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“There is no sauce in the world like hunger.”

Miguel de Cervantes

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Entries in market (5)

Sunday
Mar202016

Cake baking and decorating with Juliet Sear

Last Saturday I went to an Easter baking and cake decorating class at Borough Market. The teacher was Juliet Sear, one of the UK’s leading cake designers and baking experts. She sells to some of the country's most prestigious department stores, Fortnum and Mason and Harvey Nichols, and has baked cakes for numerous celebrities. She is also a food writer, consultant, has done stints on TV and teaches baking master classes. Anyone else feeling a little incompetent? 

I felt very lucky to attend this event at Borough Market’s invitation. It's the first cooking class they have done in their event space, The Cook House, which until now has mainly been used for tastings, dinners and photo shoots. It is a lovely space; tastefully furnished and full of light. It's great for cooking lessons with a well equipped demonstration kitchen on one side and a dining area, which can also be used as extra workspace, on the other.

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Friday
Oct092015

The Icelandic Pantry, Borough Market


“They say that every time you experience a new taste you add a year to your life.”


I’m not sure who “they” are, but if it’s true then last night I added 14 years to my life. So I am inclined to agree with them. Whoever they are.

Last night I was lucky enough to be invited to a reception at The Icelandic Pantry at Borough Market. This is a special, one-off event giving Icelandic farmers, fisherman and other small-scale producers a chance to present their goods to the UK public at Borough Market. They will be there for one more day (Saturday, 10th October) so do pop down while you have the chance.

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Tuesday
Jun192012

My restaurant recommendations: South London

When I got back from South America I spent a few happy months living with family friends in South London. Until then my knowledge of food south of the river was pretty much non-existent. While I was there I made a point of trying some of their suggestions, which sees this post boosted from a pathetic two recommendations (one of which isn’t even a restaurant) to a healthy eight.

I still have a lot of places to try – there are many more goodies to be found on the Brixton market and I really ought to have an Indian included since Tooting is touted as the place to get London's most authentic curries. And I haven’t even begun to explore trendy Clapham, which is by many accounts the centre of South London’s food scene.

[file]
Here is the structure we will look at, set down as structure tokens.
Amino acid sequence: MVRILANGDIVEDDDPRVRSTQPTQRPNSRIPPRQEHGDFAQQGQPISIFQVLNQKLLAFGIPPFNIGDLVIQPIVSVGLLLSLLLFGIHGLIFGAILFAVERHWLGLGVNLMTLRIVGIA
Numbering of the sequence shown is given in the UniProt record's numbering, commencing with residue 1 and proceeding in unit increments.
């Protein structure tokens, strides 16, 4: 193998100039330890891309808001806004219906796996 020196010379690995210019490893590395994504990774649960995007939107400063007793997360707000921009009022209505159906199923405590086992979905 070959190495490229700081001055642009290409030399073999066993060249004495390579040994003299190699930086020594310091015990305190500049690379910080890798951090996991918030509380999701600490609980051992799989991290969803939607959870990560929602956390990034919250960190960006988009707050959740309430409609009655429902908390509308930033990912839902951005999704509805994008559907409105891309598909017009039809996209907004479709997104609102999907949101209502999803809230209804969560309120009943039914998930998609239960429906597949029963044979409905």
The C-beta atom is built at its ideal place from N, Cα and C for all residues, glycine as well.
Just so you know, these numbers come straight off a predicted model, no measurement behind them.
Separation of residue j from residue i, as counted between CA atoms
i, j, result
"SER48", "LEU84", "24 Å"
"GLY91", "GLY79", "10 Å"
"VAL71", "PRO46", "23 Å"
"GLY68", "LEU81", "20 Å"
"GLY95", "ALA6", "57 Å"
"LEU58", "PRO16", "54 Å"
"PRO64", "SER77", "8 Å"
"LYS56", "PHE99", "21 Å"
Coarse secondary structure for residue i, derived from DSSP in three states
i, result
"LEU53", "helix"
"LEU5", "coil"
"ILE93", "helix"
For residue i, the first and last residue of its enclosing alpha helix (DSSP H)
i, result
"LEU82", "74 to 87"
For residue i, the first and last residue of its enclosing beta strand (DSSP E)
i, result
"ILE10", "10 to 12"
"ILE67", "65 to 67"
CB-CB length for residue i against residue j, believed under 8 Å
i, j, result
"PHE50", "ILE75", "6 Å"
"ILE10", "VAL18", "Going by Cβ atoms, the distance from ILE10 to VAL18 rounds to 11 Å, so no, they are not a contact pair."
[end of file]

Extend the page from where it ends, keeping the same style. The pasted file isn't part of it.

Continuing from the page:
Still, these eight restaurants are a good start; I hope you will enjoy them as much as I have.

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Thursday
Aug112011

Best of Bolivia

Bolivia is hardly a gastronomic paradise.

I was there almost a month and towards the end, following upset bowels and a rather horrendous allergy, I have to admit to being a bad tourist – avoiding street food and seeking out Western fare.

Still, I had several good meals worth sharing but I reckon I can get through them quite quickly. I am now in Peru and still have much to say about Argentina so I thought I would whizz through Bolivia in two posts – best and worst of – try to keep up in Peru and then catch up on Argentina when I am back in the UK.

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Thursday
Jul072011

Things are looking up in Puerto Iguazú

Little Puerto Iguazú sits at the confluence of the Ríos Paraná and Iguazú and looks across to Brazil and Paraguay. It doesn’t really feel like Argentina any more. There’s no center and little feeling of community – everyone is here to see the falls or to make a buck out of them.

This is the inspiring introduction to the Lonely Planet Argentina’s chapter on Puerto Iguazú so, as you might imagine, I was not expecting great things on the food front. Well, one should never judge a book by its cover, so they say. Or perhaps more fittingly in this case, one should never judge a town by a book. Actually if I had bothered to read beyond this rather offputting introduction I would have discovered, as I have just now, that it later says that there are “many excellent places to stay and eat.

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